5th dynasty

Expansion of the Egyptian Empire

The rulers of the 5th dynasty (2504 to 2347 BC) are better known than those of the previous dynasties, both through archaeological finds and traditional texts. Their time is marked by smaller pyramids, often located at Abusir , and temples of the sun god Re.

The kings (pharaohs) had to share their absolute power with the rising nobility and a growing bureaucracy. We owe much of the surviving texts to the latter.

The so-called pyramid texts were found for the first time in the Pyramid of Unas , which are the oldest religious texts in human history. The tradition of placing otherworldly literature in royal graves was continued in the Middle Kingdom with the coffin texts and in the New Kingdom with the various books on the underworld ( Amduat , Cave Book , Port Book, etc.). Papyri with the Book of the Dead were found in non-royal graves of the New Kingdom .

6th dynasty

The 6th dynasty (2347 to 2216 BC) culturally continued the 5th dynasty. A decentralization of the administrative structures with administrators spread across the country created regional centers, which gained in importance as the rulers lost their influence. The central government lost more and more influence after military campaigns against Libya , Nubia and Palestine .

The latest research suggests that climate changes (see 4.2 kilo-year event ), with the absence of Nile floods, could have contributed to the decline of the Old Kingdom. The recent upheavals in Sumer and the Indus culture also speak for it.

The First Intermediate Period begins with the collapse of the central government .

See also

literature

Web links

Commons : Old Kingdom  - collection of pictures, videos and audio files

Individual evidence

  1. Bader (2015) compares the Early Period and the Old Kingdom (around 3000–2200 BC) corresponding to the Early Bronze Age in the Near Eastern cultures , the Middle Kingdom (around 2000–1650 BC) as the Middle Bronze Age and the Designate the New Kingdom (around 1550–1070 BC) as the Late Bronze Age . See also Bettina Bader: Egypt and the Mediterranean in the Bronze Age: The Archaeological Evidence. Egyptian Archeology, August 2015, DOI: 10.1093 / oxfordhb / 9780199935413.013.35 , p. 11.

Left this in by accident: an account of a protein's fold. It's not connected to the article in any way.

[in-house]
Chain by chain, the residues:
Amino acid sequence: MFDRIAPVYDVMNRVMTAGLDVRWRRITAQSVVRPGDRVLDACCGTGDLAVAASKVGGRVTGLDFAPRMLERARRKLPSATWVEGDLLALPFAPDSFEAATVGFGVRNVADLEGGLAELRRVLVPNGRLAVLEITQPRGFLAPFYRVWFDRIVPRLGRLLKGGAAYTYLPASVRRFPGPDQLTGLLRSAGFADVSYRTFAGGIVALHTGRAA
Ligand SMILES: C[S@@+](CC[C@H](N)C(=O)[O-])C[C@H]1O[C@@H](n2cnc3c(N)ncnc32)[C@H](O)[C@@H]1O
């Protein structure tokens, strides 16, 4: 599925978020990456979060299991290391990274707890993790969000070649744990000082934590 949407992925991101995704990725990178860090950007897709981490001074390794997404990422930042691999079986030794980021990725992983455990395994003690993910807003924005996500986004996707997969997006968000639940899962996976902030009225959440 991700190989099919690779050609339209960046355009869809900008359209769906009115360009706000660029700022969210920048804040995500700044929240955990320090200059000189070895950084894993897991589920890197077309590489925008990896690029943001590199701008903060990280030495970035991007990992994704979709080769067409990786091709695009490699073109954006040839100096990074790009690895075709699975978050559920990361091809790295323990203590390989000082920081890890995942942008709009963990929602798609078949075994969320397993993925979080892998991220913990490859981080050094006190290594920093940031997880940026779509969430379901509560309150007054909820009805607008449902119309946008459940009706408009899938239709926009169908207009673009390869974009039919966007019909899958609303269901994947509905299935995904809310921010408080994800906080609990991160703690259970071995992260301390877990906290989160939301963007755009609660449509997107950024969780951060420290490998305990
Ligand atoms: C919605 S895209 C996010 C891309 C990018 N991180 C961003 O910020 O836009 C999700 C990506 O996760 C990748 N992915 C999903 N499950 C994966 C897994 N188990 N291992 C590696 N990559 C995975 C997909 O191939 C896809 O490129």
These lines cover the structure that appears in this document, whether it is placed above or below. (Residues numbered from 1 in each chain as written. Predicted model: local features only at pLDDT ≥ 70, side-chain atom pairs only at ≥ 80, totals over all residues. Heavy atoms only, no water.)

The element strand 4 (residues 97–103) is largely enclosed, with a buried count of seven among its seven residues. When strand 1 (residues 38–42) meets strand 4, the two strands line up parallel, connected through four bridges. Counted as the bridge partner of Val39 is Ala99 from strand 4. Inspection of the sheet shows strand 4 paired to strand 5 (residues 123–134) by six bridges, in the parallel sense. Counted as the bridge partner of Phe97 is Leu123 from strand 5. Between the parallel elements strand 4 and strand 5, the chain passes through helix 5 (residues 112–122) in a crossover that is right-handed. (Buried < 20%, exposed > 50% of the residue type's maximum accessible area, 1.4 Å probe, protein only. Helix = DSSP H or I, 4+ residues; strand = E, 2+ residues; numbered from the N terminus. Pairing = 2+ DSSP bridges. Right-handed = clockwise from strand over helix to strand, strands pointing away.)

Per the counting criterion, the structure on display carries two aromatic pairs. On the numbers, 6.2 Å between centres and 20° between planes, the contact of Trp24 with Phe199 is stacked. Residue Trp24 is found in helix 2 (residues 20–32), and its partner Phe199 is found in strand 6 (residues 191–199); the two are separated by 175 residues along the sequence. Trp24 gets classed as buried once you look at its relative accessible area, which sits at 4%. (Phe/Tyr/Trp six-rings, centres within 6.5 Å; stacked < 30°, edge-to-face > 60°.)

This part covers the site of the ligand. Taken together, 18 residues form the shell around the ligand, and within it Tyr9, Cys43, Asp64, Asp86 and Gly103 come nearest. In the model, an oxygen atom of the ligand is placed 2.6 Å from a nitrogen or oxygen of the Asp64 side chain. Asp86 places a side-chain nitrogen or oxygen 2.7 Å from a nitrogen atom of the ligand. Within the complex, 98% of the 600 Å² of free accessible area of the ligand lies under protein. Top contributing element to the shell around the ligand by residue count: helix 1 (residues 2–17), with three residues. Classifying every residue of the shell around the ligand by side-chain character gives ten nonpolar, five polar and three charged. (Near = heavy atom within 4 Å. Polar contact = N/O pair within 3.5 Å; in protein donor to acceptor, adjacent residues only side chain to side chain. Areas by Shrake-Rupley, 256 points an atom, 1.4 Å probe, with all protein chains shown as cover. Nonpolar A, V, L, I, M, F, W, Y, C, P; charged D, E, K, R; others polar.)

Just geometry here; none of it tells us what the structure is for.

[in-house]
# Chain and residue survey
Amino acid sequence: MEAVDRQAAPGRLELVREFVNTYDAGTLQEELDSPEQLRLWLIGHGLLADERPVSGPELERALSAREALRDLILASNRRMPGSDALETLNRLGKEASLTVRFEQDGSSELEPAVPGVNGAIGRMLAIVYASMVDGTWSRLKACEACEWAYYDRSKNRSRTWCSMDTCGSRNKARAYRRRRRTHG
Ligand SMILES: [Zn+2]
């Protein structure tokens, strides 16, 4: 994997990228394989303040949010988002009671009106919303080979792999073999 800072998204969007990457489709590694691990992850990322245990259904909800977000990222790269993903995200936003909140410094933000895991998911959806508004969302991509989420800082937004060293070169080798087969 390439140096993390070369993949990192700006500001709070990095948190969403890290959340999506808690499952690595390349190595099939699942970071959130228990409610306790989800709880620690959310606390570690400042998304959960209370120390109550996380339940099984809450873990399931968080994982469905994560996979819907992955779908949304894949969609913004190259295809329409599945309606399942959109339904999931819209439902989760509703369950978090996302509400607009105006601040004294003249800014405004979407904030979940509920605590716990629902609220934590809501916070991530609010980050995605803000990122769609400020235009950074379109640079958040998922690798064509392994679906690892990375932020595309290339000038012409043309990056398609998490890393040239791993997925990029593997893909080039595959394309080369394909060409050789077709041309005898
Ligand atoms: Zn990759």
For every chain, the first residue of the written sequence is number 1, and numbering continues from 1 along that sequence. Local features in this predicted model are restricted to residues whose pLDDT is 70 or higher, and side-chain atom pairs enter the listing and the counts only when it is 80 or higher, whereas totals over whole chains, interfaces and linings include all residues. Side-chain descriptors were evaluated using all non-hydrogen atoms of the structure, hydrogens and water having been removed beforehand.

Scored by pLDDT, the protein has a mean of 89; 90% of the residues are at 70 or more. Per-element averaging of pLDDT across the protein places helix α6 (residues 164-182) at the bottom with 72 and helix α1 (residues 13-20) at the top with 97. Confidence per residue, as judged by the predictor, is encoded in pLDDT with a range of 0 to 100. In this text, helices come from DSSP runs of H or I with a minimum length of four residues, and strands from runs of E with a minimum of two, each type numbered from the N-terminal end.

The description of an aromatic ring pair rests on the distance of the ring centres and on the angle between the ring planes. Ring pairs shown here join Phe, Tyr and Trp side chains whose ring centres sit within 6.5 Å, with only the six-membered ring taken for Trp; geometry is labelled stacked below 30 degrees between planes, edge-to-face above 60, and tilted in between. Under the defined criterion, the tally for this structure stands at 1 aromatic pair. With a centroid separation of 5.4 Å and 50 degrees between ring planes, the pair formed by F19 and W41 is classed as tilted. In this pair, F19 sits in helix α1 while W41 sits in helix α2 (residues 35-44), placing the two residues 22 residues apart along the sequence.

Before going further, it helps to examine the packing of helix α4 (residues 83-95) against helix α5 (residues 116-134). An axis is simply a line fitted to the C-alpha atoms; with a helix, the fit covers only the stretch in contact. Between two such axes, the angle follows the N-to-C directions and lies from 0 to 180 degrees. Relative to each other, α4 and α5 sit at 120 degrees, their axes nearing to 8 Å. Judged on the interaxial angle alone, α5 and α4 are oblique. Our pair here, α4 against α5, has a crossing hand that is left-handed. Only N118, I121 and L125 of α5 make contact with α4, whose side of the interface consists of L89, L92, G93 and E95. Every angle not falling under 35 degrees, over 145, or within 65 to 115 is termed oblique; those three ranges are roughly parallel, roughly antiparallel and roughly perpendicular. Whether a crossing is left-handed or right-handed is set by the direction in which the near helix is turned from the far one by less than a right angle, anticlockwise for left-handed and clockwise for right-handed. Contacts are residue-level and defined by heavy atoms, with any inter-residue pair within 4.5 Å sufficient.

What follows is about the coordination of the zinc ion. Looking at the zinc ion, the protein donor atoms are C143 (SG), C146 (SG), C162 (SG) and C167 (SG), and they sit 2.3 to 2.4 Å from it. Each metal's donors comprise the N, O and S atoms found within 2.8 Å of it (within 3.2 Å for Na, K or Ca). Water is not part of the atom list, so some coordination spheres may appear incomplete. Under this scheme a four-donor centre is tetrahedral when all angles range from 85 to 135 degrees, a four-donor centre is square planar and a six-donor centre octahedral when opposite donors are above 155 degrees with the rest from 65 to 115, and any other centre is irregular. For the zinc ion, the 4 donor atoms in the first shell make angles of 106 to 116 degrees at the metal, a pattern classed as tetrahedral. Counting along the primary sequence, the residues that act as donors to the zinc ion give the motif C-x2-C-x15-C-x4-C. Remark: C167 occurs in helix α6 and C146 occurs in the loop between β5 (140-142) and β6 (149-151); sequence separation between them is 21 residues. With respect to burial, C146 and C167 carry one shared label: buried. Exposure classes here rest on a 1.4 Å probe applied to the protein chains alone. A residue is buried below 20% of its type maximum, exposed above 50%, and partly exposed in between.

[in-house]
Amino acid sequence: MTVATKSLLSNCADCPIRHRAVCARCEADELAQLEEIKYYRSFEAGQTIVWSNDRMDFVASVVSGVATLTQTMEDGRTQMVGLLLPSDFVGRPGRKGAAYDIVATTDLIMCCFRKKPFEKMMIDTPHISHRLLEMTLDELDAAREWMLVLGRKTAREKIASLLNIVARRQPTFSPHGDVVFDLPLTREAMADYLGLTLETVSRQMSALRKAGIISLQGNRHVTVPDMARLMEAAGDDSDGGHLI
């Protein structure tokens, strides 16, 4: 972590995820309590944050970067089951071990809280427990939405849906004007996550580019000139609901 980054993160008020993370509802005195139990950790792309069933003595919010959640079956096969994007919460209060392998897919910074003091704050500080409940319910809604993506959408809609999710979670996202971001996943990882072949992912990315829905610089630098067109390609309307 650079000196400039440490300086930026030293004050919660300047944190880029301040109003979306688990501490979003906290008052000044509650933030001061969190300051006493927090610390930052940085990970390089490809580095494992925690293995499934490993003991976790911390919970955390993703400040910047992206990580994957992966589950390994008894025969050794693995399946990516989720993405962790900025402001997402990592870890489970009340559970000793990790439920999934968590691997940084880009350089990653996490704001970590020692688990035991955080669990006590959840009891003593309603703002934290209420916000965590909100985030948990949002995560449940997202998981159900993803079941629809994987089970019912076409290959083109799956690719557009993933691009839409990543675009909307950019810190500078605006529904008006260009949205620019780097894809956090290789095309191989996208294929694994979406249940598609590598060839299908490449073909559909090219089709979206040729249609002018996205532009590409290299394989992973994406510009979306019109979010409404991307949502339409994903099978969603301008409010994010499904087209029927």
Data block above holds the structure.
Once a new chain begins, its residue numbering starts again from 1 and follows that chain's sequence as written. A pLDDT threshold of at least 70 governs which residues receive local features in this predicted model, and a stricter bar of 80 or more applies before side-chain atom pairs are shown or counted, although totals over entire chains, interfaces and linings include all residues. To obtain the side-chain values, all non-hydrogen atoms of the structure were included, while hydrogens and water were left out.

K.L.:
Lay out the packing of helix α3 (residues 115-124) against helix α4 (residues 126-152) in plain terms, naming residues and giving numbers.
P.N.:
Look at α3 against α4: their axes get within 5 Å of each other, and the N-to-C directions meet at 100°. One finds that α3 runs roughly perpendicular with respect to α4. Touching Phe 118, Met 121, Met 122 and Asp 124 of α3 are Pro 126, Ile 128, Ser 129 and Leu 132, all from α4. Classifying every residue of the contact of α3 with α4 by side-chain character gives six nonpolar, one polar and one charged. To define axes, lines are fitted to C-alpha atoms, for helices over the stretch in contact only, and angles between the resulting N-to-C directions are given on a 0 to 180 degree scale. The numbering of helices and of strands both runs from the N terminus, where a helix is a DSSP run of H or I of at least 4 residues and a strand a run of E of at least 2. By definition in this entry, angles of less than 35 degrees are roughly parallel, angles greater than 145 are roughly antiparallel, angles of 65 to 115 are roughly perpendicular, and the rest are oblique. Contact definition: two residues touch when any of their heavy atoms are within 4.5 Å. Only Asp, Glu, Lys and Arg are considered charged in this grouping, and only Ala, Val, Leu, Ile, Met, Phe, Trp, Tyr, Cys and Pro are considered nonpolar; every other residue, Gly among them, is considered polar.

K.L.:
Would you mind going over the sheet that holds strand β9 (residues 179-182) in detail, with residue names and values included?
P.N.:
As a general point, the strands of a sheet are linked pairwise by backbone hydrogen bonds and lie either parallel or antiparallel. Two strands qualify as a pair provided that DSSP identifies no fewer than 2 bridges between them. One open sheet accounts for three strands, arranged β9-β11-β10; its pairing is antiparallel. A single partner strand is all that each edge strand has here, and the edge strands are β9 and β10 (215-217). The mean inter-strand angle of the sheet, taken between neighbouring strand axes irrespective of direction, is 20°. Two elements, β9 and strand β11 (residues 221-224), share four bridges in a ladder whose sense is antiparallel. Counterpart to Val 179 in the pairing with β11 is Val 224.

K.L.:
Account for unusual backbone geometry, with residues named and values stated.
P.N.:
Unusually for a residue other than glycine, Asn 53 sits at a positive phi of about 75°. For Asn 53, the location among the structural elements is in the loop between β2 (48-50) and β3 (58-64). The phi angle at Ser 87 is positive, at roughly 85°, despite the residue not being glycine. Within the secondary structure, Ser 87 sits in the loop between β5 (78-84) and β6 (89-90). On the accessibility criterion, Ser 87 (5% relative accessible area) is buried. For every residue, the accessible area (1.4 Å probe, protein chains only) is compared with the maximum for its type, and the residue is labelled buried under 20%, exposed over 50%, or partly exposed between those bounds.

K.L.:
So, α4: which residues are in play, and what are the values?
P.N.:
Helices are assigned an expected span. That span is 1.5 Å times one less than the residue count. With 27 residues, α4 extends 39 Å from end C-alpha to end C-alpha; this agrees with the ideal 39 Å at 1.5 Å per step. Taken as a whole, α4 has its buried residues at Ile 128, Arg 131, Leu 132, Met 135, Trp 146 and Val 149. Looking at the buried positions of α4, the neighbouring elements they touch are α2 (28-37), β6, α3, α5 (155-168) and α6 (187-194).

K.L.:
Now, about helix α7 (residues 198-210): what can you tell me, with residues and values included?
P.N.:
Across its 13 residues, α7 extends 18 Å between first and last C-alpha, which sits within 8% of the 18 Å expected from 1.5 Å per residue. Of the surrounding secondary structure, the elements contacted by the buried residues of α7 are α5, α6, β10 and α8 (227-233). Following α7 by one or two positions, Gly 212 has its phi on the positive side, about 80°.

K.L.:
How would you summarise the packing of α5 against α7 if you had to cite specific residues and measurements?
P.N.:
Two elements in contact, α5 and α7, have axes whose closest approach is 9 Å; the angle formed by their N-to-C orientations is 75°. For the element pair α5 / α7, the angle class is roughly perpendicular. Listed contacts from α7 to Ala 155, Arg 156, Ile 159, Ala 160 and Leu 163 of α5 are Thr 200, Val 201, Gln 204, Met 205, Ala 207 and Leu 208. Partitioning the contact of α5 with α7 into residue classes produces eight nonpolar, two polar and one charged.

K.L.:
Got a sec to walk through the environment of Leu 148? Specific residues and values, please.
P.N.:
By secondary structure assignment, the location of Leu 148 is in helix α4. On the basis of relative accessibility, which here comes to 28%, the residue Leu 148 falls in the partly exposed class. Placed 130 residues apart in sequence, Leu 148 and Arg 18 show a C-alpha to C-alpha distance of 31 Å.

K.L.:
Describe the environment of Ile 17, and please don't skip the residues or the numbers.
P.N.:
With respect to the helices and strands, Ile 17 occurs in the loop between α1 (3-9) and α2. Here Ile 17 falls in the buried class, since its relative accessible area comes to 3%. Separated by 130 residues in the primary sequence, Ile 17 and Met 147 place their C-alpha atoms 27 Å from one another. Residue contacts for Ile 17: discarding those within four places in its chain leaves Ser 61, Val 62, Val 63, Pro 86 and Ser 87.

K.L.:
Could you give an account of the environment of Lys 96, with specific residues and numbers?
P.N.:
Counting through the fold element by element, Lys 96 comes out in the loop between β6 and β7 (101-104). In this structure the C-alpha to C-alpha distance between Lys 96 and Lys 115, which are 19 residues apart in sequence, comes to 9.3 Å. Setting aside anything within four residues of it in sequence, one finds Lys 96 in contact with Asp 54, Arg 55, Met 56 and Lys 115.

2. ^ Toby AH Wilkinson: Early Dynastic Egypt. New York 1999, pp. 60-61.
  3. Michel Baud: The Old Kingdom . in: Allan S. Lloyd (Ed.): A Companion to Ancient Egypt. Blackwell Publishing, Malden and Oxford 2010, ISBN 9781405155984 , pp. 59-65.
  4. Stephan J. Seidlmayer: The Relative Chronology of Dynasty 3. In: Erik Hornung, Rolf Krauss and David A. Warburton (eds.): Ancient Egyptian Chronology. Leiden 2006, pp. 116-123.
  5. ^ Hermann A. Schlögl: The old Egypt: history and culture from the early days to Cleopatra . Beck, Munich 2006, ISBN 3-406-54988-8 , p. 82.
  6. ^ Jochem Kahl: Third Dynasty. In: Donald B. Redford (Ed.): The Oxford Encyclopaedia of Ancient Egypt. Oxford University Press, Oxford and New York 2001, ISBN 0195102347 , pp. 591-593 ( online ).
  7. Michel Baud: The Old Kingdom. In: Allan S. Lloyd (Ed.): A Companion to Ancient Egypt. Blackwell Publishing, Malden and Oxford 2010, ISBN 9781405155984 , pp. 71-72.
  8. a b Dominique Valbelle: Histoire de l'État pharaonique . Presses universitaires de France, Paris 1998, ISBN 2130493173 , pp. 36-56.
  9. a b Miroslav Verner: Contemporaneous Evidence for the Relative Chronology of Dyns. 4 and 5. In: Erik Hornung, Rolf Krauss and David A. Warburton (eds.): Ancient Egyptian Chronology. Leiden 2006, pp. 128-136.
  10. ^ Rainer Stadelmann : Fourth Dynasty. In: Donald B. Redford (Ed.): The Oxford Encyclopaedia of Ancient Egypt. Oxford University Press, Oxford and New York 2001, ISBN 0195102347 , pp. 593-597.
  11. Michel Baud: The Old Kingdom. In: Allan S. Lloyd (Ed.): A Companion to Ancient Egypt. Blackwell Publishing, Malden and Oxford 2010, ISBN 9781405155984 , pp. 73-74.
  12. Lonnie G. Thompson et al: Kilimanjaro Ice Core Records. Evidence of Holocene Climate Change in Tropical Africa. In: Science 298 (2002), pp. 589-593, doi : 10.1126 / science.1073198
  13. Russell Drysdale et al .: Late Holocene drought responsible for the collapse of Old World civilizations is recorded in an Italian cave flowstone. In: Geology 34 (2006), pp. 101-104, doi : 10.1130 / G22103.1